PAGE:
The axiom “no acid, no heartburn” is not theoretically proper [9, 10]. Heartburn has been demonstrated as a cortical perception of a variety of intraesophageal events . Subjects with heartburn without erosive esophagitis represent a heterogeneous group of patients of whom some may not have gastroesophageal-reflux- (GER-) related disorder [12–15]. In clinical practice, patients with reflux symptoms and negative endoscopic findings can be classified as (1) acid-reflux-related NERD (increased acid reflux), (2) weakly acid-reflux-related NERD (weakly acid reflux with positive symptom association; hypersensitive esophagus), (3) nonacid-reflux-related NERD (nonacid reflux with positive symptom association), and (4) functional heartburn (no associations between symptoms and reflux) (Table 1) . The Rome II committee for functional esophageal disorders defined functional heartburn as an episodic retrosternal burning in the absence of pathologic GERD, pathology-based motility disorders, or structural explanations . Patients with functional heartburn should be excluded from NERD because their symptoms are not related to GER.
2. Natural History of NERD
Recent studies regarding natural history of NERD are limited with some shortcomings including retrospective design, irregularity in follow-up, and confounding with use of medication. Very low proportion of NERD patients (3–5%) develops erosive esophagitis with the duration up to 20 years with intermittent use of antireflux therapy [16, 17].
In a recent retrospective study on 2306 GERD patients with at least two separate upper endoscopies during a mean follow-up of 7 years, it was shown that most of the patients remained unchanged, while only 11% of patients worsened . Similarly, the other study on patients with mild erosive esophagitis for a mean duration of 5.5 years suggests that, even within the different gradings of erosive esophagitis, the progression to severe disease is uncommon over time . Therefore, the current notion regarding natural course of NERD indicates that the progression of NERD to severe form of GERD is uncommon, and there is no evidence to develop Barrett’s esophagus over time .
3. Prevalence of NERD
It is difficult to estimate the true prevalence of NERD, since it is hard to identify community subjects with symptoms without seeking medical attention. There are several community-based studies in Europe that found that about 70% of the patients met the diagnosis for NERD . Other international studies on subjects in primary care centers showed that about 50% of their enrolled patients had normal upper endoscopy . A US study on subjects who had their reflux symptoms controlled by antacids alone has shown that 53% of those subjects had no erosive esophagitis on upper endoscopy . From the previous studies, the prevalence of NERD is therefore estimated to be between 50% and 70% of the GERD population in western countries. In Asia, NERD is reported to affect different ethnic GERD populations such as 60% to 90% of the Chinese, 65% of the Indians, and 72% of the Malay .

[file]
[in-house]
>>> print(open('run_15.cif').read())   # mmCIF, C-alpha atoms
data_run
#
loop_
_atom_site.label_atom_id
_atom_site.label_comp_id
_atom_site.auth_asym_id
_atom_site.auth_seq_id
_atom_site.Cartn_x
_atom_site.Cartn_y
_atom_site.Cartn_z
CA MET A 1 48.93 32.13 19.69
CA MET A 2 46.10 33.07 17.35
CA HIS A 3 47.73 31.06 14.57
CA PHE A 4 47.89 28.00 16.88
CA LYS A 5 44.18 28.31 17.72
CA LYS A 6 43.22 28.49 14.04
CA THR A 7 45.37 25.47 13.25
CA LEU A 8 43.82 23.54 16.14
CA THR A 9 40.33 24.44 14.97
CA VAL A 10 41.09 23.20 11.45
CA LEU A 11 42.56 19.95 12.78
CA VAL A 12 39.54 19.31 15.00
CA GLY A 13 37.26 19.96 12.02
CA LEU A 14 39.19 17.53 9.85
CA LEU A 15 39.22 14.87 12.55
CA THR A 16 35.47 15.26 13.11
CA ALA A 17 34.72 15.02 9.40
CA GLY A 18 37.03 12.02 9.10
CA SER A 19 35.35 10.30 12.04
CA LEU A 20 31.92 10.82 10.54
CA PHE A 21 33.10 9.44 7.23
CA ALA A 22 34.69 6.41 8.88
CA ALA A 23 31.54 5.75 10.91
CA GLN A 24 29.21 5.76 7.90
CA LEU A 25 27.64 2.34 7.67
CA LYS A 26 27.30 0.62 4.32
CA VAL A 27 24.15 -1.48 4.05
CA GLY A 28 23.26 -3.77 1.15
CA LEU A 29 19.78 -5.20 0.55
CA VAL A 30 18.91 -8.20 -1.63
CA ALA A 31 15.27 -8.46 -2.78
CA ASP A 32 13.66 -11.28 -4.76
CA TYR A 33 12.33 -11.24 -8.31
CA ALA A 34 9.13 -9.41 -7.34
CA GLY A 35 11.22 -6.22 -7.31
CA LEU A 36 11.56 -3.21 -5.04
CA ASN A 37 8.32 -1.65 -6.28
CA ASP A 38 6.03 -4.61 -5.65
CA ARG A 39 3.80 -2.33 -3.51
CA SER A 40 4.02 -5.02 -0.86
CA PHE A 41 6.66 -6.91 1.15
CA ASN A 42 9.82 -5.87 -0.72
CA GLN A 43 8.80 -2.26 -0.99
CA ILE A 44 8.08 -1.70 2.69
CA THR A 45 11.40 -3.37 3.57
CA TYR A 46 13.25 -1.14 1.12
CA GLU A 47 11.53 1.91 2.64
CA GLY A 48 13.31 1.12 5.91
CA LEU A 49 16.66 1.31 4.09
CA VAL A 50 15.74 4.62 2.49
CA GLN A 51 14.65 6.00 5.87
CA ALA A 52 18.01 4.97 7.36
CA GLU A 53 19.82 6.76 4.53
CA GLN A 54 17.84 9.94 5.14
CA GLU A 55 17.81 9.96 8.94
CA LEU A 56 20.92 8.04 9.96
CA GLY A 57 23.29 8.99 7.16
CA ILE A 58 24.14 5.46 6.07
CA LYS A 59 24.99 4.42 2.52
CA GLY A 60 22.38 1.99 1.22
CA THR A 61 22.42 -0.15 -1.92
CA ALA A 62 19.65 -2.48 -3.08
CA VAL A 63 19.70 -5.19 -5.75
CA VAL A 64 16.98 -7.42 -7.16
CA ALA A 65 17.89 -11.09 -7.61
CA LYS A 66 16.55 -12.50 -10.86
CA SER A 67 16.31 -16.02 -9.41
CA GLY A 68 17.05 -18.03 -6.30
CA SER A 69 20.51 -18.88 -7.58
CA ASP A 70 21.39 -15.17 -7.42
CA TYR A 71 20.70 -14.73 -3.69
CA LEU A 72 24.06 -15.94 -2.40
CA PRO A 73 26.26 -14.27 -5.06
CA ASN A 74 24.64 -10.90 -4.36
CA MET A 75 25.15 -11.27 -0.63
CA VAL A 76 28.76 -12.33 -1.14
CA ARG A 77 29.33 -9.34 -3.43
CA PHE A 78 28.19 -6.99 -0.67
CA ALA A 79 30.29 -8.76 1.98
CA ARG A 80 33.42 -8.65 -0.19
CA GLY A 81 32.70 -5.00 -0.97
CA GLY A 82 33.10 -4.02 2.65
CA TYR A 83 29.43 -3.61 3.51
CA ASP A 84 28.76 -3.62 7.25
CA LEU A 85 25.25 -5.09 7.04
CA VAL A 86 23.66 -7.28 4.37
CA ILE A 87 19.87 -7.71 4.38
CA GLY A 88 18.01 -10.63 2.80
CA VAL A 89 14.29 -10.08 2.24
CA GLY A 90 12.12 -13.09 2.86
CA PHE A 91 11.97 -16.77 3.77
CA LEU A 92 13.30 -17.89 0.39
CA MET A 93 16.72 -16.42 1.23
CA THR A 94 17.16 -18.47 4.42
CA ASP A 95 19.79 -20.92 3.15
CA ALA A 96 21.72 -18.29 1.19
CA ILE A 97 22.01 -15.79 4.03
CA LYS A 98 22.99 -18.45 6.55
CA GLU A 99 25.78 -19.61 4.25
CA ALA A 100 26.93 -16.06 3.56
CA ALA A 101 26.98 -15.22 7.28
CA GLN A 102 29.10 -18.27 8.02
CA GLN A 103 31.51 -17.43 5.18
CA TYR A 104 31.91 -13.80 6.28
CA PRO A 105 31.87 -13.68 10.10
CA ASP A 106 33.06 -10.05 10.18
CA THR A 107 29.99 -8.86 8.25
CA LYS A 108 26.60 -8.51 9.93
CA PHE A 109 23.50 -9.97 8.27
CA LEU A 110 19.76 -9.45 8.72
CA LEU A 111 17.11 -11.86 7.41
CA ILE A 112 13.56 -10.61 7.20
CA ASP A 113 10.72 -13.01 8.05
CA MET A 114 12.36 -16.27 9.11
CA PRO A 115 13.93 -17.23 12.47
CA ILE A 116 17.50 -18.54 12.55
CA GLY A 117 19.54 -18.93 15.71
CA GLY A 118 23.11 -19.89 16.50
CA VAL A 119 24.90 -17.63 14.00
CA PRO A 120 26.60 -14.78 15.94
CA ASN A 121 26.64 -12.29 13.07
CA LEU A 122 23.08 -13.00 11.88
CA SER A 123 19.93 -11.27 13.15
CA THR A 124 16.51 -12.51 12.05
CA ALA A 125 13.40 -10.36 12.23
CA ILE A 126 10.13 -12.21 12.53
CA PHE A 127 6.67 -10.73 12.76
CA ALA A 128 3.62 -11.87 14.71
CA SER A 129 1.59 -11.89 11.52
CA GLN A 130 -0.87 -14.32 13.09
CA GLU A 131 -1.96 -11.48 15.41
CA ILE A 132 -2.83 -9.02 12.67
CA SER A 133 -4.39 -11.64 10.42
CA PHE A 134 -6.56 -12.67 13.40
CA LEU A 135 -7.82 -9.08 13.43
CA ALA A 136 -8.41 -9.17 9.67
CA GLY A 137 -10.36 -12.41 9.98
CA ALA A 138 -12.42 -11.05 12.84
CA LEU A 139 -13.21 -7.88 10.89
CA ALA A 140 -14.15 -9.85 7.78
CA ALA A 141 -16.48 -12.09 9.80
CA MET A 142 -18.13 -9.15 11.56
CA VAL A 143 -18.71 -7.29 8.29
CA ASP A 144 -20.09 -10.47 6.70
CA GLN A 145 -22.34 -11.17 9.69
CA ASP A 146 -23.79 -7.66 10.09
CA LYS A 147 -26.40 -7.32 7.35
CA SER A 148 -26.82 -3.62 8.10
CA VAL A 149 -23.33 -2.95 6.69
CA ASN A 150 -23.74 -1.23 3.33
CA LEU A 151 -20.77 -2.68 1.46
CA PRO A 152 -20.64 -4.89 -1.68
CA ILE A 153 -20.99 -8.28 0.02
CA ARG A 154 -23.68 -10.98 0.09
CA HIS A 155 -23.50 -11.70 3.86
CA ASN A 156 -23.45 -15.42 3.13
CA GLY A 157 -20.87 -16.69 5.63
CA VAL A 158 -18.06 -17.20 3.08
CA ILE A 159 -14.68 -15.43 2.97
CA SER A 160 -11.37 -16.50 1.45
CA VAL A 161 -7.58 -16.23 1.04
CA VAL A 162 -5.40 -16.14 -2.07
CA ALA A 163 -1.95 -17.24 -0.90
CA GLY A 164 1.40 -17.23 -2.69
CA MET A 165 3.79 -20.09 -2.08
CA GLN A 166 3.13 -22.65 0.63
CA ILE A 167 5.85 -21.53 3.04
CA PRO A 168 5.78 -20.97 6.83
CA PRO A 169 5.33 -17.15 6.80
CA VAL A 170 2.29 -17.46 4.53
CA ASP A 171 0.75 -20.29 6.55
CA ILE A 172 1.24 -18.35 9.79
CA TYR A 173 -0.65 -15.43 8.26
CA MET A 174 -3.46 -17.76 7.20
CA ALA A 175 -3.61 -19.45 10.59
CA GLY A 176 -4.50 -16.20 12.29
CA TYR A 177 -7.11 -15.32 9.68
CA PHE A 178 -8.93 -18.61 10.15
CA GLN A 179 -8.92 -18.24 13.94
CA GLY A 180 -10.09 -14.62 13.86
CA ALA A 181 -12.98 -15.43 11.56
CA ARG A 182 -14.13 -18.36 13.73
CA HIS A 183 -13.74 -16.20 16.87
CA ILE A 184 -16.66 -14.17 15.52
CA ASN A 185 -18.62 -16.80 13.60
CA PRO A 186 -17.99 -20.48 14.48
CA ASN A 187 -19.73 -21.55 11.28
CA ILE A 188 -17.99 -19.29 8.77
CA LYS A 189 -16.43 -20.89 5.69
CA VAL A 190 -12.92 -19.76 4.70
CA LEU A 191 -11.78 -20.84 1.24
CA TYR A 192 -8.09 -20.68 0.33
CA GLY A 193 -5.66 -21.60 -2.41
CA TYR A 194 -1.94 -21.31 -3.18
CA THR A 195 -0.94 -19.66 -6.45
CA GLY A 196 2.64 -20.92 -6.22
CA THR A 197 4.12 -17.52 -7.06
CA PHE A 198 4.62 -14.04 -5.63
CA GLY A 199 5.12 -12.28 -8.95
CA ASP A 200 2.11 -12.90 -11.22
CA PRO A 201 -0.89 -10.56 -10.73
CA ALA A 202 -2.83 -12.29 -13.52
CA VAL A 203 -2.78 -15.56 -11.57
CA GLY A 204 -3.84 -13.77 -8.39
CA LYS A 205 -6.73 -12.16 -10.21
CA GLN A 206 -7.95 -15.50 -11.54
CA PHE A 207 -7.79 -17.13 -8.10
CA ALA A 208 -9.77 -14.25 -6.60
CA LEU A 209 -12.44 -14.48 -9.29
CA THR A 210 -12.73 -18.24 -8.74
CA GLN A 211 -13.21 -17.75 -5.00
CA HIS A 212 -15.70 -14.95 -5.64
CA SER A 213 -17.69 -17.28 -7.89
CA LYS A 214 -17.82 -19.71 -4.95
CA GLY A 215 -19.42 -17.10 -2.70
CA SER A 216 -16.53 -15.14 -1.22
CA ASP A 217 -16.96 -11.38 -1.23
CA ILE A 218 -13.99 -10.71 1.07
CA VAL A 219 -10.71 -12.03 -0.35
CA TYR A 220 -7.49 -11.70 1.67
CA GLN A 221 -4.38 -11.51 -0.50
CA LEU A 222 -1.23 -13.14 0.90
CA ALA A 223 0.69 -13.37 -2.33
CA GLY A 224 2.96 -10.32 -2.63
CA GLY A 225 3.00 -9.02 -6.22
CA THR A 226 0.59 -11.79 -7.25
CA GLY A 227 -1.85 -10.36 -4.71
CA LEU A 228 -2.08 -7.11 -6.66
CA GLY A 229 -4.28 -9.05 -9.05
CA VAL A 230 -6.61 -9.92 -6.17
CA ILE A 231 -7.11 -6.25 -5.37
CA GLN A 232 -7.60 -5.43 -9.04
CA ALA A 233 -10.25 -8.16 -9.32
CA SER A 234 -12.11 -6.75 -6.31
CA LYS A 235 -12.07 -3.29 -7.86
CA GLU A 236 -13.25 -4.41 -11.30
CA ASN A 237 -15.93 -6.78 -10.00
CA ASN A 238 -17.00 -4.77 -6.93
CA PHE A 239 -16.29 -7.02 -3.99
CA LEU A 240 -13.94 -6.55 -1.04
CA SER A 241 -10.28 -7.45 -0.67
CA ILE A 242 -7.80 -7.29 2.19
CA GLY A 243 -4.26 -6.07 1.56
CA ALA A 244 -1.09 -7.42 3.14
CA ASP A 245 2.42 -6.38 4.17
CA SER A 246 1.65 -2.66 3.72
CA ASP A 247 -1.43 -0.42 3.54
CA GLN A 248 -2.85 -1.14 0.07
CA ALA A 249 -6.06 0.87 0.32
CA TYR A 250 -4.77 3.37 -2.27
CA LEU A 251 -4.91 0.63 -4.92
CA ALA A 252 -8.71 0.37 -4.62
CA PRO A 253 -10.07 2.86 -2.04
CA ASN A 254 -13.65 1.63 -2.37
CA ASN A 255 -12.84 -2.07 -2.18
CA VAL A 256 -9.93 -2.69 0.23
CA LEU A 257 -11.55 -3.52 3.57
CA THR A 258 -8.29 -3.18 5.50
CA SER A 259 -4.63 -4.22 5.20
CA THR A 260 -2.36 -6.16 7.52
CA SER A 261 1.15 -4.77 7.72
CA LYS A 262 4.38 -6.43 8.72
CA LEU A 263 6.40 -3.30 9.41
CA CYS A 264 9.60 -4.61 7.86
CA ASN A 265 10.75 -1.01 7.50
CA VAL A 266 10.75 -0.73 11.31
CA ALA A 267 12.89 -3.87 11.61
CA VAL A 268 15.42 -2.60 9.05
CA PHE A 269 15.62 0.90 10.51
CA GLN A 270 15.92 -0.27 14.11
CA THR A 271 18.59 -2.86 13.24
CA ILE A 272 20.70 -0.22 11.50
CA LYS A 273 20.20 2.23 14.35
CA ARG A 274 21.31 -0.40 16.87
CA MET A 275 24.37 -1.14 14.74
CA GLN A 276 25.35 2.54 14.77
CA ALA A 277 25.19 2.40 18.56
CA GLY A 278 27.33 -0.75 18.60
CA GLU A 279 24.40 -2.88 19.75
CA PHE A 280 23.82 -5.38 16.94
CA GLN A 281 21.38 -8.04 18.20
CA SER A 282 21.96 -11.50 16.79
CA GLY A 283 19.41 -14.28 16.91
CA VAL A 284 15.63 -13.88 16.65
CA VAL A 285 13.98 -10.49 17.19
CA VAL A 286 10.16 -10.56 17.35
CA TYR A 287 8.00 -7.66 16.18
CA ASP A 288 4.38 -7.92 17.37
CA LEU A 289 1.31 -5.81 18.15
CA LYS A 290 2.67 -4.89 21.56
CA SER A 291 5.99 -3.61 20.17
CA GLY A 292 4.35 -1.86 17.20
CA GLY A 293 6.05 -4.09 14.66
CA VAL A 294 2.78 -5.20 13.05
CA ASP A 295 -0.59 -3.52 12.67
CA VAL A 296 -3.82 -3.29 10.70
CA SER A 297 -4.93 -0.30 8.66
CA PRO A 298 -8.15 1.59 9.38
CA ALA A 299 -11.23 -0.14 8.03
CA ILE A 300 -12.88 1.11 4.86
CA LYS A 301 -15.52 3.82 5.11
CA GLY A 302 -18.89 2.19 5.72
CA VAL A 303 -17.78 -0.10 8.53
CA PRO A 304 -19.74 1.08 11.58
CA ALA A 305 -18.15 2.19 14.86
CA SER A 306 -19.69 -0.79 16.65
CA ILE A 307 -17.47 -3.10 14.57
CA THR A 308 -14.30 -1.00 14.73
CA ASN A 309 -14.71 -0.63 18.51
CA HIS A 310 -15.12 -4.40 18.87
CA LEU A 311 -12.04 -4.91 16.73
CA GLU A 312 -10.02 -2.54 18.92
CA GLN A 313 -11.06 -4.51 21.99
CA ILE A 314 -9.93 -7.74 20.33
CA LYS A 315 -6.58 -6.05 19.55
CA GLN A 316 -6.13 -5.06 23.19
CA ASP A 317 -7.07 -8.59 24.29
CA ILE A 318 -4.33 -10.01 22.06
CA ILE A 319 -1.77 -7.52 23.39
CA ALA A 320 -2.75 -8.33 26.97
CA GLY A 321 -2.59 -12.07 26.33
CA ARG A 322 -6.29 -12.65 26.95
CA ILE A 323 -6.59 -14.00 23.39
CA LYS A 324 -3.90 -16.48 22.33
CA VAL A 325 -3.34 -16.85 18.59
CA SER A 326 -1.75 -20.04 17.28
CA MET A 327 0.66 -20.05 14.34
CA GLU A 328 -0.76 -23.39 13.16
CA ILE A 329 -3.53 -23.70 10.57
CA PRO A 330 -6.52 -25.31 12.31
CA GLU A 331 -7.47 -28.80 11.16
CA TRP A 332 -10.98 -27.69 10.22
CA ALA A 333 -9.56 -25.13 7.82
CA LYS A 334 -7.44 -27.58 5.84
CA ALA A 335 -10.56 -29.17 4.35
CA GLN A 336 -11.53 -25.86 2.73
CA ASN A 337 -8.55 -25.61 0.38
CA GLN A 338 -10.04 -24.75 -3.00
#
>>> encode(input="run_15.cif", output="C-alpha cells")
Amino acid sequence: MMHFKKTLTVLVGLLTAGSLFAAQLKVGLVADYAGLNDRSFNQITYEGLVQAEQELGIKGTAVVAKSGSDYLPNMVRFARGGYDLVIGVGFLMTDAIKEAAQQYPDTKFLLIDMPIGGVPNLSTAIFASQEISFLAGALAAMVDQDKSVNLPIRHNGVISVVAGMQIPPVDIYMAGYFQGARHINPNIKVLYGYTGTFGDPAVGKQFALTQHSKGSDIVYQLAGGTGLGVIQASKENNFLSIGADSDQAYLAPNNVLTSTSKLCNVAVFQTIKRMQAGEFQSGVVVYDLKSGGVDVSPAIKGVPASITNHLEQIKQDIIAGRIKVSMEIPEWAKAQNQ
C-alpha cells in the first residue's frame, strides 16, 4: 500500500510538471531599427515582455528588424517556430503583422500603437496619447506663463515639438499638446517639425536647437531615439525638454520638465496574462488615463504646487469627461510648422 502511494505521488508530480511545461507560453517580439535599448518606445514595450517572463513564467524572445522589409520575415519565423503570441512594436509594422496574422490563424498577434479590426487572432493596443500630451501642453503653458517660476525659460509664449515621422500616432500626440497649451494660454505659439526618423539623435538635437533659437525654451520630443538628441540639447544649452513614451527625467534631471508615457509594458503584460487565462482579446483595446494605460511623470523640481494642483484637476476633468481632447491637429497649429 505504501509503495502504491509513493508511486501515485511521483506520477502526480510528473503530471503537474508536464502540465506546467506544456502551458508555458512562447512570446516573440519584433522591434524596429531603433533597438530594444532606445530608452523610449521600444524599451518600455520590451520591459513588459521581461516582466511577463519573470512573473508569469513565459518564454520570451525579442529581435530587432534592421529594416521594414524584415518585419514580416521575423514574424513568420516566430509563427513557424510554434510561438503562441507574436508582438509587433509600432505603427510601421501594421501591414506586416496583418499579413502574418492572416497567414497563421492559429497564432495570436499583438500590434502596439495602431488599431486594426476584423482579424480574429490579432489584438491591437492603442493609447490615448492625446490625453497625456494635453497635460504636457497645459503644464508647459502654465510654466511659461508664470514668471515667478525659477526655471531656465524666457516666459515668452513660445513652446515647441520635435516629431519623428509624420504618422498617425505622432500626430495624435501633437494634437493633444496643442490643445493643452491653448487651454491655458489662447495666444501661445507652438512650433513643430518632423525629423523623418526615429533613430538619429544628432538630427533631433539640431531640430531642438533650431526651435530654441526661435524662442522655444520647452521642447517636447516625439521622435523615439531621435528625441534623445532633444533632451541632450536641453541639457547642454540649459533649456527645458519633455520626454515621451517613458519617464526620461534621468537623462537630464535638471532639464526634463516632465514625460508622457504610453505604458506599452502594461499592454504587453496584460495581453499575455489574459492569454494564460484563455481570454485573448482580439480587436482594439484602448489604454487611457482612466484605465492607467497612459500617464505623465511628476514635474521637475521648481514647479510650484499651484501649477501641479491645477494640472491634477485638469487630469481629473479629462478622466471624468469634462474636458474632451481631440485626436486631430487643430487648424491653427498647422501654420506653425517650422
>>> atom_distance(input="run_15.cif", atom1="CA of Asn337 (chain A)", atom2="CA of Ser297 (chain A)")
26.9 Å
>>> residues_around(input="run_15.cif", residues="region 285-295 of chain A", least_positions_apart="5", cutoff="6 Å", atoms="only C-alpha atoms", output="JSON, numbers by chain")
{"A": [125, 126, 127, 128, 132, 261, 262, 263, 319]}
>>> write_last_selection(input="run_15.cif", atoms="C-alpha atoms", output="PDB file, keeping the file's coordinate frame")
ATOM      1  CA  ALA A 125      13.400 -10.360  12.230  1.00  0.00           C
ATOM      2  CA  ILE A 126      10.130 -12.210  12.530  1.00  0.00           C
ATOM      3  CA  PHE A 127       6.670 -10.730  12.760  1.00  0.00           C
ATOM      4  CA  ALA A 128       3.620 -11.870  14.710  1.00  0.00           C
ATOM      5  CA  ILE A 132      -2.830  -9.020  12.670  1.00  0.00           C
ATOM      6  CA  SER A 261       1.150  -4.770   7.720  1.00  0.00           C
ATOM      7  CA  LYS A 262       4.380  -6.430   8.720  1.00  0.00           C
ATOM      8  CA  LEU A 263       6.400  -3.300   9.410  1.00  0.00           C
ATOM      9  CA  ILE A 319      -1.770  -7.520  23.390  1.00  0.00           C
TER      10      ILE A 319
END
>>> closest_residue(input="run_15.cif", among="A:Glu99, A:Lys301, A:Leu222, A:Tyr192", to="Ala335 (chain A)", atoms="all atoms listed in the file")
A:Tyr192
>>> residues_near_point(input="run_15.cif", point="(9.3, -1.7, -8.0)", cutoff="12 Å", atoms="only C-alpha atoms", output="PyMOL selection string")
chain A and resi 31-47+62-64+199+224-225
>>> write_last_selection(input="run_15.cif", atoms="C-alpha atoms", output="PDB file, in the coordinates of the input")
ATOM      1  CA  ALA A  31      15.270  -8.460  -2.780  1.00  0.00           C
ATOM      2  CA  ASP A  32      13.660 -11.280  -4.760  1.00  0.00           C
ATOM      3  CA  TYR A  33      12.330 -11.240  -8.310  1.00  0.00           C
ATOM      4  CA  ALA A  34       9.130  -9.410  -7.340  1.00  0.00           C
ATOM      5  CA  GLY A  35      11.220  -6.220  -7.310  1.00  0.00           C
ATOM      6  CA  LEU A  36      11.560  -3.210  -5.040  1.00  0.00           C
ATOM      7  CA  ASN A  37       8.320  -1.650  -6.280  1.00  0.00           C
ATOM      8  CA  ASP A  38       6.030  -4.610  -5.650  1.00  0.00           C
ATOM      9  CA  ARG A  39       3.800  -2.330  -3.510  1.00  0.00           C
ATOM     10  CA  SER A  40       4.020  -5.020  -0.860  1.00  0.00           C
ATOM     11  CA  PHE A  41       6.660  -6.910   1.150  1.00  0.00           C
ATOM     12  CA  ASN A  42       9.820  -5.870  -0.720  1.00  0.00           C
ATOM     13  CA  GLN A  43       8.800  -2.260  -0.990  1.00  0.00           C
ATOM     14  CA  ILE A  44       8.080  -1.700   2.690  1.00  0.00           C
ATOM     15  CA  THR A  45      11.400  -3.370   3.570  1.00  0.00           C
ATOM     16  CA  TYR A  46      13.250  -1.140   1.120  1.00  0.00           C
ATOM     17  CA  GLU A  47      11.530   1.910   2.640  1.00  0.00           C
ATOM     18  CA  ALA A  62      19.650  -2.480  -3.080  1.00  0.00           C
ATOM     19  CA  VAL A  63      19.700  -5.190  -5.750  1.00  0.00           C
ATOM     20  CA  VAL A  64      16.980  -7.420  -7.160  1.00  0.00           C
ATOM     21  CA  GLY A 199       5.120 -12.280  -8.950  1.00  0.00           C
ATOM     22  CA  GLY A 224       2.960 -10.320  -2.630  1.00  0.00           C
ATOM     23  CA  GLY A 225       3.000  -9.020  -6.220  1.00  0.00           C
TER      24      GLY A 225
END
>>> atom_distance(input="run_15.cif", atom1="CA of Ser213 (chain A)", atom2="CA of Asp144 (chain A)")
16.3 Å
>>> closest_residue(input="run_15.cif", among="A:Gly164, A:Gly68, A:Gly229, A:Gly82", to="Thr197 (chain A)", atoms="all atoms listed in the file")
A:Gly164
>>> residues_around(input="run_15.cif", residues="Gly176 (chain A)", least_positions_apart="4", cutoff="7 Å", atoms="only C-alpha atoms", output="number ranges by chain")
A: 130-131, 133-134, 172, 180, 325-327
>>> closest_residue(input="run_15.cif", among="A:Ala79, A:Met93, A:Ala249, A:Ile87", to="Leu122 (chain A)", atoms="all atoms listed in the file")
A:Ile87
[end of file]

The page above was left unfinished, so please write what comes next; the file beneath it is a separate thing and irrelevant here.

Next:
4. Pathogenesis of NERD
Recent studies have provided greater insight into the pathophysiology and symptom generation in NERD. The major concepts in the pathophysiology we review include the pattern of mucosal response to gastric contents during reflux and on mucosal factors that may affect symptom perception.
Both esophageal dysmotility and hiatal hernia are less common in NERD than in erosive esophagitis . The pathophysiology as reduced ability to clear acid from the esophagus following reflux events in patients with erosive disease is thus uncommon in NERD patients; however, the latter group is characterized by greater esophageal sensitivity in the proximal esophagus . Despite no difference in gastric acid output between NERD and esophagitis , NERD patients have lower acid reflux when compared with patients with erosive esophagitis and Barrett’s esophagus . In addition, there is considerable overlap in acid exposure times between three groups of GERD patients . Proximal migration of acid and nonacidic reflux seems to play a role in the symptom generation in NERD . Total acid and weakly acidic reflux are greater in erosive esophagitis and Barrett’s esophagus than in NERD , but NERD patients are shown to be of more homogenous distribution of acid exposure throughout the esophagus with greater proximal reflux . With the advantage of impedance studies, NERD patients are shown to have greater proximal extent of reflux episodes (with and without prolonged esophageal acid exposure) than in healthy controls . Further studies have shown greater proximal extent of reflux events which appears to be associated with symptom perception in GERD patients refractory to acid-suppression therapy . Furthermore, some of the NERD patients are more sensitive to weakly acid reflux than those with erosive esophagitis , supporting the explanation for poor PPI response in NERD patients.